"The Responsibility of Intellectuals" is an essay by the American academic Noam Chomsky which was published as a special supplement by The New York Review of Books on the 23 February 1967.
The article was written during the then-ongoing Vietnam War, as news of human rights abuses started to return to the United States, and as the war had increasingly become seen as a quagmire. An attack on the intellectual culture in the U.S., Chomsky argues that it is largely subservient to power. He is particularly critical of social scientists and technocrats, whom he believed were providing a pseudo-scientific justification for the crimes of the state in regard to the Vietnam War. He notes that those who opposed the war on moral rather than technical grounds are "often psychologists, mathematicians, chemists, or philosophers, ... rather than people with Washington contacts, who, of course, realize that 'had they a new, good idea about Vietnam, they would get a prompt and respectful hearing' in Washington."
The topic was inspired by articles of Dwight Macdonald published after the Second World War who "asks the question: To what extent were the German or Japanese people responsible for the atrocities committed by their governments? And, quite properly, ... turns the question back to us: To what extent are the British or American people responsible for the vicious terror bombings of civilians, perfected as a technique of warfare by the Western democracies and reaching their culmination in Hiroshima and Nagasaki, surely among the most unspeakable crimes in history."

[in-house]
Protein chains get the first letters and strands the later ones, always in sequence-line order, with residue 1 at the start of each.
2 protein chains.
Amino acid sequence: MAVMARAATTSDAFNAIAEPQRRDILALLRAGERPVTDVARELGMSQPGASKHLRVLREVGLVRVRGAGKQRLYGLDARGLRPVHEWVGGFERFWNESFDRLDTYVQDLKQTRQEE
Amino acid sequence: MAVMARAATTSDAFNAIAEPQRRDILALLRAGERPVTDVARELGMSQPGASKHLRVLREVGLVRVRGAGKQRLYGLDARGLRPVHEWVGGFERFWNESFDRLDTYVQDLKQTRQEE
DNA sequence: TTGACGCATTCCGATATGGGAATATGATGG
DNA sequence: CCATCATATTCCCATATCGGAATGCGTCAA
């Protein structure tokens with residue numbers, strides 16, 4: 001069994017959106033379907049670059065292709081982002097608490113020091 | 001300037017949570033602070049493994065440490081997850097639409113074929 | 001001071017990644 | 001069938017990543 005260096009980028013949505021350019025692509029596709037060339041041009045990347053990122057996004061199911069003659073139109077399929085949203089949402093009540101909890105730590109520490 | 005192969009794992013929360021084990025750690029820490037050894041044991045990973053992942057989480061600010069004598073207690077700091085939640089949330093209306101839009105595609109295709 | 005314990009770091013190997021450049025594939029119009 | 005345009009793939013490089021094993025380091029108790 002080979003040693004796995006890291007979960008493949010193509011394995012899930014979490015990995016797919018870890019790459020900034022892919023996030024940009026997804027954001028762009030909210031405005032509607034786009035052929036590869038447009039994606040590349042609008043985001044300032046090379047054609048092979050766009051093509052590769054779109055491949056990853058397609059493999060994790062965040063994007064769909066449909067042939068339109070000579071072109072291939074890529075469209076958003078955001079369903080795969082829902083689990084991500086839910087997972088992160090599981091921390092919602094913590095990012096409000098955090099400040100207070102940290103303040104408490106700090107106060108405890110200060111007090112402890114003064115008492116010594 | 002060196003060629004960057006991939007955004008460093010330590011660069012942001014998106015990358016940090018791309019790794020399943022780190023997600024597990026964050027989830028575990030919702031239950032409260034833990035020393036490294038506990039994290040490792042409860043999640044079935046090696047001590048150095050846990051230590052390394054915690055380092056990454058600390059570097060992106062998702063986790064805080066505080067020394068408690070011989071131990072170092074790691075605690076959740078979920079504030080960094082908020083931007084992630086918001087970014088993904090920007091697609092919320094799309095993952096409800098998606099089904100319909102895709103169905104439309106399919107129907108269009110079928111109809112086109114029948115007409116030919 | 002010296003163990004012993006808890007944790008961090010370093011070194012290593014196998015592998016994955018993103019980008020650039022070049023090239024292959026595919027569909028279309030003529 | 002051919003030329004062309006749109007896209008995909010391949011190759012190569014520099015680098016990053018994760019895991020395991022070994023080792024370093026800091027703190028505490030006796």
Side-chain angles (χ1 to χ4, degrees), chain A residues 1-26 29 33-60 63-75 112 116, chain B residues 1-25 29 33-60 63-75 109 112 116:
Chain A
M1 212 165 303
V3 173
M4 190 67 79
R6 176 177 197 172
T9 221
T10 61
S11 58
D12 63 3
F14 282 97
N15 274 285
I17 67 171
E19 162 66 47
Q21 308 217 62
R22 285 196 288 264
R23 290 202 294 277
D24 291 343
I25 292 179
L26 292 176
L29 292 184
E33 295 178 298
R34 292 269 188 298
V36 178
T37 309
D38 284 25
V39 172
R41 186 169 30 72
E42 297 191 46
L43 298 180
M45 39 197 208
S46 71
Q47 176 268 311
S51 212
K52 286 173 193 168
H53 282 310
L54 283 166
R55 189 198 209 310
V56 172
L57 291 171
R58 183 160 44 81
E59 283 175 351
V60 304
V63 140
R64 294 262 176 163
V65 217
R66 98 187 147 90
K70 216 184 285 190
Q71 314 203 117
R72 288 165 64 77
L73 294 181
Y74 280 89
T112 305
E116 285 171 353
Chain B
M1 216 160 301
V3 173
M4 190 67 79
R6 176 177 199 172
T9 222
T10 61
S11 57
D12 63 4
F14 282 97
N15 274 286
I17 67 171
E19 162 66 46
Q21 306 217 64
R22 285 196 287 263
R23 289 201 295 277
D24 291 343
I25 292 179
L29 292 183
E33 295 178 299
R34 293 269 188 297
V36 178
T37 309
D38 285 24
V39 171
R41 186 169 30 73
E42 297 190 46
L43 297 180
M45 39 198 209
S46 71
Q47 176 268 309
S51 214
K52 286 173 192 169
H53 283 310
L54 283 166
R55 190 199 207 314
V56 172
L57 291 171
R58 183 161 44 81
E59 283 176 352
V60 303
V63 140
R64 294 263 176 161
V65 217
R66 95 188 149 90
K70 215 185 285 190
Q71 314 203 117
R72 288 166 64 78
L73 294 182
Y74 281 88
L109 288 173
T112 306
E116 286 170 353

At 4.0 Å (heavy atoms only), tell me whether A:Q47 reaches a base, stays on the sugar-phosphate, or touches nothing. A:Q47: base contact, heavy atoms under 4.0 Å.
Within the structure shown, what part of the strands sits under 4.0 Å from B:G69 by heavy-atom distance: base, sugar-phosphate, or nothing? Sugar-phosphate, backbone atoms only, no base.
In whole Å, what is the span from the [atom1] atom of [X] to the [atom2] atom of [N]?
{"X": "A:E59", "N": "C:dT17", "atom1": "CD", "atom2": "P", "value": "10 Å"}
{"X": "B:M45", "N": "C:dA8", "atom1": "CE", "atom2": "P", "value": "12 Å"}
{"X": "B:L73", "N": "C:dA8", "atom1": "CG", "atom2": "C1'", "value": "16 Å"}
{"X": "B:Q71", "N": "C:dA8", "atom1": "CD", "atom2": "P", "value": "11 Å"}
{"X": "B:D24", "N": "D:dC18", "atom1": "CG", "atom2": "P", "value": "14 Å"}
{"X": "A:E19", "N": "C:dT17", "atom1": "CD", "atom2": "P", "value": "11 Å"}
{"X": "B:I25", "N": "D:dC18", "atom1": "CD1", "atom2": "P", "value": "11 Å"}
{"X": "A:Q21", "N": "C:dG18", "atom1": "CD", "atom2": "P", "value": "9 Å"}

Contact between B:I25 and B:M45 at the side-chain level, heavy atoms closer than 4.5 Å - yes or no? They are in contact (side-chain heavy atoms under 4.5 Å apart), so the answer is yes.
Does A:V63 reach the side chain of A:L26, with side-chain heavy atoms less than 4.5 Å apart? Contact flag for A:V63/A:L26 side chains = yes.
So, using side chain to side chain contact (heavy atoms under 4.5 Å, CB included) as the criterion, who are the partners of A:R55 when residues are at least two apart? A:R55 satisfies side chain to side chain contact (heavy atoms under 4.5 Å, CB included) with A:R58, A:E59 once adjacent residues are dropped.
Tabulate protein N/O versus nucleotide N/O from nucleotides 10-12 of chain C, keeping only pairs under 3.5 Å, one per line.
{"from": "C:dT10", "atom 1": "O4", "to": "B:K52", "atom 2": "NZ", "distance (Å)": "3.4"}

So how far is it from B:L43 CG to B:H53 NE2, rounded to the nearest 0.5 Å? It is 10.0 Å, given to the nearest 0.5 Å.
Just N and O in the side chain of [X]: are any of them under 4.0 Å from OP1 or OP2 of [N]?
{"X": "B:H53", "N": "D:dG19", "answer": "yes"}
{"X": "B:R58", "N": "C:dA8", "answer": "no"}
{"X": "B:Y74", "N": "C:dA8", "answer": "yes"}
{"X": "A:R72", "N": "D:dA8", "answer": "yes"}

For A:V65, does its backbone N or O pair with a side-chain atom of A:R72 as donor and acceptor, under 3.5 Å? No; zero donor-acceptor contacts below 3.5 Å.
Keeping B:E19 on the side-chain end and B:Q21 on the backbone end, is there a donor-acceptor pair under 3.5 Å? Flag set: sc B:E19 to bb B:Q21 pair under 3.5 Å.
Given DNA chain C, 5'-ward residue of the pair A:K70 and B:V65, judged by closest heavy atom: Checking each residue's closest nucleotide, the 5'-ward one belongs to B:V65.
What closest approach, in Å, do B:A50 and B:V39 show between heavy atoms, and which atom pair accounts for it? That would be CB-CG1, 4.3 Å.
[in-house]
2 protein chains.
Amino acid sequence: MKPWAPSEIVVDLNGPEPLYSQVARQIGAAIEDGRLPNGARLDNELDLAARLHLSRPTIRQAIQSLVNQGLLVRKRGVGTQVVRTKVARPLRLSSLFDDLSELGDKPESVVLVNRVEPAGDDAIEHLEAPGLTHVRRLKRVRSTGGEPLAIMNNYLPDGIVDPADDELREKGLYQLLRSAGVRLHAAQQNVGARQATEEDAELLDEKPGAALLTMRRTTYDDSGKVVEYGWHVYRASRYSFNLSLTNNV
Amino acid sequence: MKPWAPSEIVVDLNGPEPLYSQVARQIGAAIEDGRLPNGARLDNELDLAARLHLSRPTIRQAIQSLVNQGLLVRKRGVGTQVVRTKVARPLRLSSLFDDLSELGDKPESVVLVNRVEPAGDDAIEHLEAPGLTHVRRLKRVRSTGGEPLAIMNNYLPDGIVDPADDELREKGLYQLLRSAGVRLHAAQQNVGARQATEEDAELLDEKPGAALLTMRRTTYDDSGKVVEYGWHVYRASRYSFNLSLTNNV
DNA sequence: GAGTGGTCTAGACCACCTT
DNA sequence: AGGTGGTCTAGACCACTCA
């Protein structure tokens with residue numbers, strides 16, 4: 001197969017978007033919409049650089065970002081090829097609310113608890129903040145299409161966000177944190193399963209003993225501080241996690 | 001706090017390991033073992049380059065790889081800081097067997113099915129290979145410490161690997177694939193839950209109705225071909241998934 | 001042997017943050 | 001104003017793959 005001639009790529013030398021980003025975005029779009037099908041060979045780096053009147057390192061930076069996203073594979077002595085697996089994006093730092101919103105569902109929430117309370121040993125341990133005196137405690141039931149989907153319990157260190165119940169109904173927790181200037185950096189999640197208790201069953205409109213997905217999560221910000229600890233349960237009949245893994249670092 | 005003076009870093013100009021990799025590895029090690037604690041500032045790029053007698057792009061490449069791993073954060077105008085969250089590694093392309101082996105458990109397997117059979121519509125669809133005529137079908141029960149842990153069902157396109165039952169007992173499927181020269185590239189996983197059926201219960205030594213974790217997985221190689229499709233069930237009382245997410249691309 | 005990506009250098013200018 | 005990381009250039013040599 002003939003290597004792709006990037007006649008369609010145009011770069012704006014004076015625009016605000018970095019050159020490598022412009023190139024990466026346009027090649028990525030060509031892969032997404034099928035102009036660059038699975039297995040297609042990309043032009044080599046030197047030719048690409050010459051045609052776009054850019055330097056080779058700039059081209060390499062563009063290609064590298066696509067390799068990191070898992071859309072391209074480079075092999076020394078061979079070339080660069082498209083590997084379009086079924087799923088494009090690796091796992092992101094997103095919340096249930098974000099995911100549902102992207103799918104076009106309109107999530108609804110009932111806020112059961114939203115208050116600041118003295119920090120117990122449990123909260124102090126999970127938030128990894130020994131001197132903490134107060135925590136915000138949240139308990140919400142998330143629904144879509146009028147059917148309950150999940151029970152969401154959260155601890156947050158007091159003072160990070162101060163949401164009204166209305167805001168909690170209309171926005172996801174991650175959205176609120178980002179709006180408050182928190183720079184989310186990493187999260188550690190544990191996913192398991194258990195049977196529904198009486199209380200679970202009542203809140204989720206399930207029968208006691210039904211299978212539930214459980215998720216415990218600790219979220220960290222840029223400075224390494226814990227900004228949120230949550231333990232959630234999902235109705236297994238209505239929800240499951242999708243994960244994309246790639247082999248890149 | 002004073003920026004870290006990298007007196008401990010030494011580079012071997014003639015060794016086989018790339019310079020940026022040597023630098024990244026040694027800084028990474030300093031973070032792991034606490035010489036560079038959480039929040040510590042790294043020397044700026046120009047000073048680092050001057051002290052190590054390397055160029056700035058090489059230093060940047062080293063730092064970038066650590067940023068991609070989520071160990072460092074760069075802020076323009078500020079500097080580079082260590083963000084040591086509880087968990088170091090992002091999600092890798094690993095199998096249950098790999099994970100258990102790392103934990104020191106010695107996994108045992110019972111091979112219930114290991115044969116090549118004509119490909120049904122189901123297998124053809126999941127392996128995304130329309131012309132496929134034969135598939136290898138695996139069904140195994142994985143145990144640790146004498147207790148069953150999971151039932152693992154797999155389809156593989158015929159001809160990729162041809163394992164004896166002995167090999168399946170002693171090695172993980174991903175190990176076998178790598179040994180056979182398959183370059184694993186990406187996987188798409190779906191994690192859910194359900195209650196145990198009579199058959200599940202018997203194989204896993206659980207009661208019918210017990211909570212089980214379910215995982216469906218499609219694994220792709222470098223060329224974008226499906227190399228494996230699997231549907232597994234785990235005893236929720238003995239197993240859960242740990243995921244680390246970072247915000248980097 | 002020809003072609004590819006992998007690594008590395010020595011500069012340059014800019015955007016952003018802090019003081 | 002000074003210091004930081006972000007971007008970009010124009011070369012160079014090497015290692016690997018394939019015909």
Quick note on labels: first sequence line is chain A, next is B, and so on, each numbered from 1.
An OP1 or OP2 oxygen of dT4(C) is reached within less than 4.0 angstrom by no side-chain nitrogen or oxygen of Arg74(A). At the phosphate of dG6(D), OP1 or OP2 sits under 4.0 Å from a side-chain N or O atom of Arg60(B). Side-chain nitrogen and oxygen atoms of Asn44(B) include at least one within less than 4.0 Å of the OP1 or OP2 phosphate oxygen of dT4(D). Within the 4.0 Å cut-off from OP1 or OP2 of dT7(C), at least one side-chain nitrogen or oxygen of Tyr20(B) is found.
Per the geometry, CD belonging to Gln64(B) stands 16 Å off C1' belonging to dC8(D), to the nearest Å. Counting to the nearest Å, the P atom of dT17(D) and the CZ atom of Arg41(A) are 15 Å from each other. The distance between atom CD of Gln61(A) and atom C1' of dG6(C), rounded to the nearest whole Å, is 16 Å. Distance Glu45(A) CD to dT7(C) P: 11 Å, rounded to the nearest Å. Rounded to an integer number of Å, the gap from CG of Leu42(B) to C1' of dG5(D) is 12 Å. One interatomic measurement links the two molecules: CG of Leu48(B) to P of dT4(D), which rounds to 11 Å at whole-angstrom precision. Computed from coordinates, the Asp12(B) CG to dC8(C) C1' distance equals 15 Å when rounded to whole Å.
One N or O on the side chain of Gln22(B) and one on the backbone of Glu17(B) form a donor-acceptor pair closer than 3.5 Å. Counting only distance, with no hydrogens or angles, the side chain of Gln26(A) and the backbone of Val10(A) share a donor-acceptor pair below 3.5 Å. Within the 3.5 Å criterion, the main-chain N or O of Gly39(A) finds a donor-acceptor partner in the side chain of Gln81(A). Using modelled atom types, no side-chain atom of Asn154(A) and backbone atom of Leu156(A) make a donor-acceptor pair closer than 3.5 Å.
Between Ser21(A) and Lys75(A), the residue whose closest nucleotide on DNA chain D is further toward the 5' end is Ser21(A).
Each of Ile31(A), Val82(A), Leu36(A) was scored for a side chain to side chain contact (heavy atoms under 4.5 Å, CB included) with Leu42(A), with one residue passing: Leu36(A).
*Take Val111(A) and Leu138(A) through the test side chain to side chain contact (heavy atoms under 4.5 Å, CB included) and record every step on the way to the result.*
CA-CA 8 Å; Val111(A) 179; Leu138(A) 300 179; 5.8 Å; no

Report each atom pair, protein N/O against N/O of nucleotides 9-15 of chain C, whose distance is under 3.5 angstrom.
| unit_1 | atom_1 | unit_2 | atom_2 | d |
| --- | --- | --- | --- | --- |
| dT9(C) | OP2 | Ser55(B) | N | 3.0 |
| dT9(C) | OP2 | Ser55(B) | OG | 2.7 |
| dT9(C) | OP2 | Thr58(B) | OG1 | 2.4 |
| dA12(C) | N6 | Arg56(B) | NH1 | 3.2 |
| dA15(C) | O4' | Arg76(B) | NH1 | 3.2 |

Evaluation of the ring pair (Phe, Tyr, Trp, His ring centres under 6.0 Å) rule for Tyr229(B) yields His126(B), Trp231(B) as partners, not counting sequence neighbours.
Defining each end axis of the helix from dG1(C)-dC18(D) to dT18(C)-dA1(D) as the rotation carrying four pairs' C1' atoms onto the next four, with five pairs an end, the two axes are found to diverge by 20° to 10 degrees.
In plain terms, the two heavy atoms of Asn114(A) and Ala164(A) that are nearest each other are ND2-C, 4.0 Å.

The article brought Chomsky to public attention as one of the leading American intellectuals in the movement against the Vietnam war.
Let me finally return to Dwight Macdonald and the responsibility of intellectuals. Macdonald quotes an interview with a death-camp paymaster who burst into tears when told that the Russians would hang him. "Why should they? What have I done?" he asked. Macdonald concludes: "Only those who are willing to resist authority themselves when it conflicts too intolerably with their personal moral code, only they have the right to condemn the death-camp paymaster." The question, "What have I done?" is one that we may well ask ourselves, as we read each day of fresh atrocities in Vietnam—as we create, or mouth, or tolerate the deceptions that will be used to justify the next defense of freedom.